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Lesser Shostakovich Finds A Home In Liverpool

Dmitri Shostakovich, 1960.
Erich Auerbach
Getty Images
Dmitri Shostakovich, 1960.

For this sixth volume of their complete Shostakovich symphony cycle, conductor Vasily Petrenko and the Royal Liverpool Philharmonic Orchestra have a task and a half at hand: transforming two works – among Shostakovich's weakest conceptually and architecturally – into forceful, persuasive and galvanizing performances.

They manage this feat just fine, capturing the sweep of the massive, nearly 20-minute Largo (!) that opens (!!) the Sixth Symphony. In lesser hands, this music can become an exercise in near-aimless wandering. Here, though, it's a study in existential despair. Throughout the movement, Shostakovich intentionally leaves individual elements and sections hyper-exposed, creating an air of fragility and vulnerability – two qualities you don't often associate with a full orchestra. Kudos to the Liverpool musicians for leaping over all the booby traps the composer has set for them with such aplomb.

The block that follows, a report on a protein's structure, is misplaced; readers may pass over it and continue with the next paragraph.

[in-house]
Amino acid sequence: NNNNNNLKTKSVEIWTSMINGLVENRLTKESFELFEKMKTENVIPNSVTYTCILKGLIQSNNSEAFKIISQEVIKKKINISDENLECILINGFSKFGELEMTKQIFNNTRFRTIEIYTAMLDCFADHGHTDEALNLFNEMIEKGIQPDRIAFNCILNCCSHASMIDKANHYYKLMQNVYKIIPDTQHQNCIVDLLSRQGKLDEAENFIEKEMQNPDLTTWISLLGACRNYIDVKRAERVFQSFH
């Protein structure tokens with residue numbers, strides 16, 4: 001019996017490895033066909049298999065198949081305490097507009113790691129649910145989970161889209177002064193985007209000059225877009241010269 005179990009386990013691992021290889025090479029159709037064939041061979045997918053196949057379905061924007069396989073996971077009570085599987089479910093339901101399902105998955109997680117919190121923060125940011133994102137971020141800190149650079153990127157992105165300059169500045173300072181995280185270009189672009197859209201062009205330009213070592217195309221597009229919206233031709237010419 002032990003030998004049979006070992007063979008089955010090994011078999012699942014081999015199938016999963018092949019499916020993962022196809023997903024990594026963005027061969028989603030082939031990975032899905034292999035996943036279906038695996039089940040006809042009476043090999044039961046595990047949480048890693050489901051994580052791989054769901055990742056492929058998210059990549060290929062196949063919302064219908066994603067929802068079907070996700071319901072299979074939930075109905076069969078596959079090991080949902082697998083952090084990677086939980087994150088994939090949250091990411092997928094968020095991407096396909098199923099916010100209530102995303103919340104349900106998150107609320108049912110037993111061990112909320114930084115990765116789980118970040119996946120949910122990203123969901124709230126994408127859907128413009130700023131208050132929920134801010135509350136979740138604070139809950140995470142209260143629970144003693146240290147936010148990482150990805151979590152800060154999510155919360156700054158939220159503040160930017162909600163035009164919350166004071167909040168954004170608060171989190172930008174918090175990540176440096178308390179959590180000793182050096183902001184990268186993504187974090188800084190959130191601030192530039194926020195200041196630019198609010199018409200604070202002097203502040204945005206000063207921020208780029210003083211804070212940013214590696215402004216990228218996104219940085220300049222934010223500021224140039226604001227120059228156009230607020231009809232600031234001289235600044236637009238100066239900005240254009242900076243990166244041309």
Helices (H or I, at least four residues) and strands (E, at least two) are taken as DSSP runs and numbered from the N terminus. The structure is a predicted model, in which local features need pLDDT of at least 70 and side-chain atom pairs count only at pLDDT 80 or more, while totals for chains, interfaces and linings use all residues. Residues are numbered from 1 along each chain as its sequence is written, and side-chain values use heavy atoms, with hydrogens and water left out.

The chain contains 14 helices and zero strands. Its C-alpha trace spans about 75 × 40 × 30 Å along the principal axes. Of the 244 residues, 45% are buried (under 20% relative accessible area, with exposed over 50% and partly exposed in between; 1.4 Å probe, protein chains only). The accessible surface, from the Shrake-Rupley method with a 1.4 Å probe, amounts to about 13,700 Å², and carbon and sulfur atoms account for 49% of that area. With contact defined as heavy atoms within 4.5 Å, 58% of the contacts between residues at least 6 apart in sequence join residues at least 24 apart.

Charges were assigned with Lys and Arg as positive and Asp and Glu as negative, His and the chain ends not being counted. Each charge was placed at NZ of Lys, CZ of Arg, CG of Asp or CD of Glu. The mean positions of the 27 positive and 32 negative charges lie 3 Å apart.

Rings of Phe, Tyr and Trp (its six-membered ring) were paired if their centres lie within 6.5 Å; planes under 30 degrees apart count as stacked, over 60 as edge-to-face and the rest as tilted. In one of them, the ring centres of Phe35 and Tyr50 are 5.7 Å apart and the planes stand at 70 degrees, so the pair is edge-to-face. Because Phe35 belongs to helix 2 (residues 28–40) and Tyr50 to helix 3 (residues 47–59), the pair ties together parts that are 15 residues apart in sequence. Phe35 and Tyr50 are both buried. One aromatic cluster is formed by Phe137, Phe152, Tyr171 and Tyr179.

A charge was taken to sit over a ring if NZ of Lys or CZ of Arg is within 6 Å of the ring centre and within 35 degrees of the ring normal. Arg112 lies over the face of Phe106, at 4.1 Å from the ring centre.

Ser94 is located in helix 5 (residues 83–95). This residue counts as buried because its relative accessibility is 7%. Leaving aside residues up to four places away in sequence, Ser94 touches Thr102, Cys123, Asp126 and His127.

By the second movement, we find Shostakovich back in near-trademark form, ferociously colorful and sharply witty:

Similarly, the Sixth Symphony's concluding Presto snaps along with tons of snarling percussion, save a peculiar solo violin passage that seems to belie the movement's intentions; it's one of the curiosities of this symphony that doesn't seem to coalesce into a larger idea.

For years, Shostakovich professed an intention to create a large-scale work celebrating Lenin. He finally began serious work on such a piece – what became the Symphony No. 12, "The Year 1917" – around 1959, intending to premiere it in time for the 90th anniversary of the leader's birth in April 1960. Though Shostakovich missed that self-imposed deadline, he completed it the following year. While even he admitted it was a lesser work, Petrenko and the orchestra give noble effort, depth and weight to this bombastic jingoism (with such movement titles as "Revolutionary Petrograd" and "The Dawn Of Humanity"). Still, the reason you want to hear the recording is the Sixth Symphony, and this superb performance.

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Anastasia Tsioulcas is a correspondent on NPR's Culture desk. She is intensely interested in the arts at the intersection of culture, politics, economics and identity, and primarily reports on music. Recently, she has extensively covered gender issues and #MeToo in the music industry, including the trial and conviction of former R&B superstar R. Kelly; backstage tumult and alleged secret deals in the wake of sexual misconduct allegations against megastar singer Plácido Domingo; and gender inequity issues at the Grammy Awards.